The Church History ABCs by Stephen J. Nichols and Ned Bustard : Organized in alphabetical fashion, this book highlights key figures in church history. Featured bios include Ignatius, Martin Luther, Jonathan Edwards and Charles Spurgeon as well as Zacharias Ursinus, Ulrich Zwingli, Queen Jeanne and Lady Jane Grey. The authors offer details that appeal to younger audiences, like the difference between Hippolytus and a hippopotamus and a hinted sibling rivalry between John and Charles Wesley.
MORE: The book website — www.churchhistoryabcs.com — provides additional activities, including coloring pages, handwriting worksheets, games and more. My favorite activity on the website is a timeline project that allows kids to place the key figures into chronological order.
The Who Was … Series by various authors : There are a ton of books in this series, all of which are fantastic biographies for elementary age readers. My kids love them. Through these books our kids have learned about famous athletes, presidents, artists, authors, and other key figures, both contemporary and throughout history. Most of these can be found in your local libraries, but if you’re interested in purchasing them, follow THIS LINK to learn more.
Passport to the World by Craig Froman : This is an “A to Z Guided Language Tour” that begins with the Tower of Babel then journeys through 26 different languages, their countries, their cultures and their people. Kids learn five phrases in each language, but they also discover facts about basic national facts, currencies, foods and festivals.
A Faith Like Mine by Laura Buller : Packed with full-color photographs, this book introduces readers to eleven different world religions. The bulk of the book focuses on the six largest — Hinduism, Buddhism, Sikhism, Judaism, Christianity and Islam — offering basic details of their distinguishing faiths, holy books, holidays and traditions. It also talks about who, where, and how many people practice each of these faiths.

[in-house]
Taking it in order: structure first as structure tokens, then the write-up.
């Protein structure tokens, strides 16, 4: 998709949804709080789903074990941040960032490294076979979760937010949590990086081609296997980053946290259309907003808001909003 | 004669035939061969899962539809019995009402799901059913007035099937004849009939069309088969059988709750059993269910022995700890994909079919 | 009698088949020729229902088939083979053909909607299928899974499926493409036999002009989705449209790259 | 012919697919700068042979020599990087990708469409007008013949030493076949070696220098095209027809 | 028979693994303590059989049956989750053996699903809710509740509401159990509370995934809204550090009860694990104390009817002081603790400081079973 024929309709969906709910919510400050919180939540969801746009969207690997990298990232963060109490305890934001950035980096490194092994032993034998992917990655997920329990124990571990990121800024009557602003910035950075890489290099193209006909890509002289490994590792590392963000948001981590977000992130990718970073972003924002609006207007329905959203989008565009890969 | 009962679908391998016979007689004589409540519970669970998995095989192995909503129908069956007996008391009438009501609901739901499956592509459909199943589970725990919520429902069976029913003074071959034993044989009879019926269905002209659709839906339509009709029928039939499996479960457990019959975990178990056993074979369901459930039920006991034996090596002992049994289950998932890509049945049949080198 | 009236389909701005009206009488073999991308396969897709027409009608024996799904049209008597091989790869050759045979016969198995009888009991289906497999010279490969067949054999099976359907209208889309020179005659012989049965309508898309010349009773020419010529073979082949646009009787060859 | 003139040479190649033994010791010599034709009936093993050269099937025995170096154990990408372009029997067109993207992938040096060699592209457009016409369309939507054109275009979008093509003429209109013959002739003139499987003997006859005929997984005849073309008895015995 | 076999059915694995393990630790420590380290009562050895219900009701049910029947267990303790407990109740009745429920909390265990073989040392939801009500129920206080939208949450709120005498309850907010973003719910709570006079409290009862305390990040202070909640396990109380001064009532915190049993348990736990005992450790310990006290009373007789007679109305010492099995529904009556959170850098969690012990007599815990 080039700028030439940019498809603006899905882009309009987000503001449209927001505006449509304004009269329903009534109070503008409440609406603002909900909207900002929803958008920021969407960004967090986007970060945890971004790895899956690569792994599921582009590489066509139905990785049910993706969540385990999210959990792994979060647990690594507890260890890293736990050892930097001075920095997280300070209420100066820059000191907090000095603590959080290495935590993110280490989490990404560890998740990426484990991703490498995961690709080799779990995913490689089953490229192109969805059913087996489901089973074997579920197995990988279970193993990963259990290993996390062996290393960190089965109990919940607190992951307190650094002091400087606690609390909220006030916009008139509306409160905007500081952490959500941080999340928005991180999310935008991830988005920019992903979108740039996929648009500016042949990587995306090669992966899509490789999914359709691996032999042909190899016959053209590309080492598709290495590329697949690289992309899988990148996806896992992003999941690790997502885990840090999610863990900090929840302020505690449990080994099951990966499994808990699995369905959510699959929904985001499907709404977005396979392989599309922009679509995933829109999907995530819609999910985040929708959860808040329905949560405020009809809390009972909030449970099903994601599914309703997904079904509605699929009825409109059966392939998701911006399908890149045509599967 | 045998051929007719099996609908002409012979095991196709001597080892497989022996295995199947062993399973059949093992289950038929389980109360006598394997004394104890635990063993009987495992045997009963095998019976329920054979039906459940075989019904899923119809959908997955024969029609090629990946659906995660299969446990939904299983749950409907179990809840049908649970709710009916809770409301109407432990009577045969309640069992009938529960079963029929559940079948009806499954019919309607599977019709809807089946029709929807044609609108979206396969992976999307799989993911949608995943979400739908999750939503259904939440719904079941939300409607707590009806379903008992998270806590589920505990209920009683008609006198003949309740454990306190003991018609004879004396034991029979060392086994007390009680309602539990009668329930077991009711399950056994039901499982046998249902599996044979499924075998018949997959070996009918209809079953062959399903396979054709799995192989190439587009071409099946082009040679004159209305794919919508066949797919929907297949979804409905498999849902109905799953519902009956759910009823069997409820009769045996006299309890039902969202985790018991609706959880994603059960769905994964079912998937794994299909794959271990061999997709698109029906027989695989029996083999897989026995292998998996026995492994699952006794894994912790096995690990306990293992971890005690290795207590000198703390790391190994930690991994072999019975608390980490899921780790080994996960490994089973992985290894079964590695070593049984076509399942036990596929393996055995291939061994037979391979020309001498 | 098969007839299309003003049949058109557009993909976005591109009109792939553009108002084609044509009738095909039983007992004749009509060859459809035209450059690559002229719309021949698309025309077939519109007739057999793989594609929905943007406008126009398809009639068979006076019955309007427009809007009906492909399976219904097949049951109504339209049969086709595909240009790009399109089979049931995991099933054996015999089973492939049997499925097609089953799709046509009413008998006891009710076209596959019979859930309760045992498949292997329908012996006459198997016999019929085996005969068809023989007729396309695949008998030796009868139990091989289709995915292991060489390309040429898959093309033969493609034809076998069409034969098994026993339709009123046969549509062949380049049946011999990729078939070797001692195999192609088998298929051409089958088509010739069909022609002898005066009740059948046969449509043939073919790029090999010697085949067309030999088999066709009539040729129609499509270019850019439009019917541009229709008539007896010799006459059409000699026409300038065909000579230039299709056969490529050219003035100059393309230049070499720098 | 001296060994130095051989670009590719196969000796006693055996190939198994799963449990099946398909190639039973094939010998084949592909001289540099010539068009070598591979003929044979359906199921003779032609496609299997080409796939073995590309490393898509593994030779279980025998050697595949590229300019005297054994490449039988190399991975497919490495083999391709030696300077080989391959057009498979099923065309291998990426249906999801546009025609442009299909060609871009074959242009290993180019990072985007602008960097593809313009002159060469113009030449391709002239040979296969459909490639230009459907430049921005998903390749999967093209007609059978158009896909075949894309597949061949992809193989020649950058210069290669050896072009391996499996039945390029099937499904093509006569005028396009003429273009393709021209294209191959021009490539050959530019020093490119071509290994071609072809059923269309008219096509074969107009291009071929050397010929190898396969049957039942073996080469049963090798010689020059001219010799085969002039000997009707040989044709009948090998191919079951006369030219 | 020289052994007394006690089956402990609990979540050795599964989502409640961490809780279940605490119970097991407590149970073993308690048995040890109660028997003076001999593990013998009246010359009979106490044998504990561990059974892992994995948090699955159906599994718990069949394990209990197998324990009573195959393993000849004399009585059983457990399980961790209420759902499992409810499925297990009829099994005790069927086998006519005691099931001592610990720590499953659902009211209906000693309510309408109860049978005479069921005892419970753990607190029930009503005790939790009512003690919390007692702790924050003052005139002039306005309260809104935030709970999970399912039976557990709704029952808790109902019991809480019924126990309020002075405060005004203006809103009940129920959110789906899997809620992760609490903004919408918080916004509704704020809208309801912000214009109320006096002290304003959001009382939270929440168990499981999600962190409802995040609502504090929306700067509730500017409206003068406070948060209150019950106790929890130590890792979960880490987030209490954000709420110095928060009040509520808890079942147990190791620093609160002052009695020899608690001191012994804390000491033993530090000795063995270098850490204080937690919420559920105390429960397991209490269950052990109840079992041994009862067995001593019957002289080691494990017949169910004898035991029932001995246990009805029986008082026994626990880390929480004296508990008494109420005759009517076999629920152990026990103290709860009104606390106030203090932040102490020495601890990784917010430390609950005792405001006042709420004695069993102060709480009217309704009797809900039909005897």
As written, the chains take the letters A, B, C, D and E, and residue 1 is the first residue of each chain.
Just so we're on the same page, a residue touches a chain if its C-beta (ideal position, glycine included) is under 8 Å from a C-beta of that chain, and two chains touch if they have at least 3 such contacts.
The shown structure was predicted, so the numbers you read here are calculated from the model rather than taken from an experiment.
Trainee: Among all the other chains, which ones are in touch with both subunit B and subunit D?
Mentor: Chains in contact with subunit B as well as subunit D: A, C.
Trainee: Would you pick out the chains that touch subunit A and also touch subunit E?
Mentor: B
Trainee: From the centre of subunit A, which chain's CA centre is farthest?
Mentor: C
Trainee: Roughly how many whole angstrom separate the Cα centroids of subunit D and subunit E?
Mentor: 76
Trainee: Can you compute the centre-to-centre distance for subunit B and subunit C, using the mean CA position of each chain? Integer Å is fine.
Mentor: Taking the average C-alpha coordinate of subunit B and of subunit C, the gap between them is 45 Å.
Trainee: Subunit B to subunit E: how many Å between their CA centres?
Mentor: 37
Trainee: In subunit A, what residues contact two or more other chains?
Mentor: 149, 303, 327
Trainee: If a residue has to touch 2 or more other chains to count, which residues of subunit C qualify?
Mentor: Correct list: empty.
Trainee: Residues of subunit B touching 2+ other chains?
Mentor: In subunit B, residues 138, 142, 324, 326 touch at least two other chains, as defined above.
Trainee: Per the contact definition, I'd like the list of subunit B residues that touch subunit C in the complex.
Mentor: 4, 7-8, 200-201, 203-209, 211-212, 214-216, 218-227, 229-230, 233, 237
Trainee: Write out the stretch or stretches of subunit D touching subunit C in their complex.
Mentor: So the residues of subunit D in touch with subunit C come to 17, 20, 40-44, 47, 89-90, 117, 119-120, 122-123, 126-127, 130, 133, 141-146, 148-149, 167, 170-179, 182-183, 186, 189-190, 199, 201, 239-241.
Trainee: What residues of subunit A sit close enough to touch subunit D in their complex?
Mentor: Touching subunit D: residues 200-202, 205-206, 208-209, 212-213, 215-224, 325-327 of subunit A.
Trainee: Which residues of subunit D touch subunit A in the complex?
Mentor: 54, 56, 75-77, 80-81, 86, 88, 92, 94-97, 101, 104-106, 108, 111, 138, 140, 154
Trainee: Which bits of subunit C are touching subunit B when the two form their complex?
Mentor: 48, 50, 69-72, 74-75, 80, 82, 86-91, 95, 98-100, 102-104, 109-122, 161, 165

(Please note that this comes not from a Christian publisher and that the facts provided in this book are broad generalizations. I would use this as an introduction to world religions and then branch off into more detailed texts as the need arises.)
My kids love everything from National Geographic! We get their NatGeoKids! magazine and have collected several of their early reader chapter books on animals. In addition to these, I really like …
Passport into the Wild and The Wackiest, Wildest, Weirdest Animals in the World both by Jack Hanna : They’re just fun! The first one explores more than just animals. It talks about people and cultures and some of Jack’s adventures traveling the world. The second one acknowledges God’s hand in creation. It hits on basic facts about these crazy animals and what makes them so wacky. Again, readers get snippets of Jack’s humor and adventures in his journal entries.
It Couldn’t Just Happen by Lawrence O. Richards : This Gold Medallion Book Award winner is a hefty chapter book. It definitely needs to be gone through in a methodical fashion, but it is packed with scientific evidence that supports accounts in the Bible. It argues evolution and other prevalent theories.
Talk to me: What are your favorite educational books to share with your kids?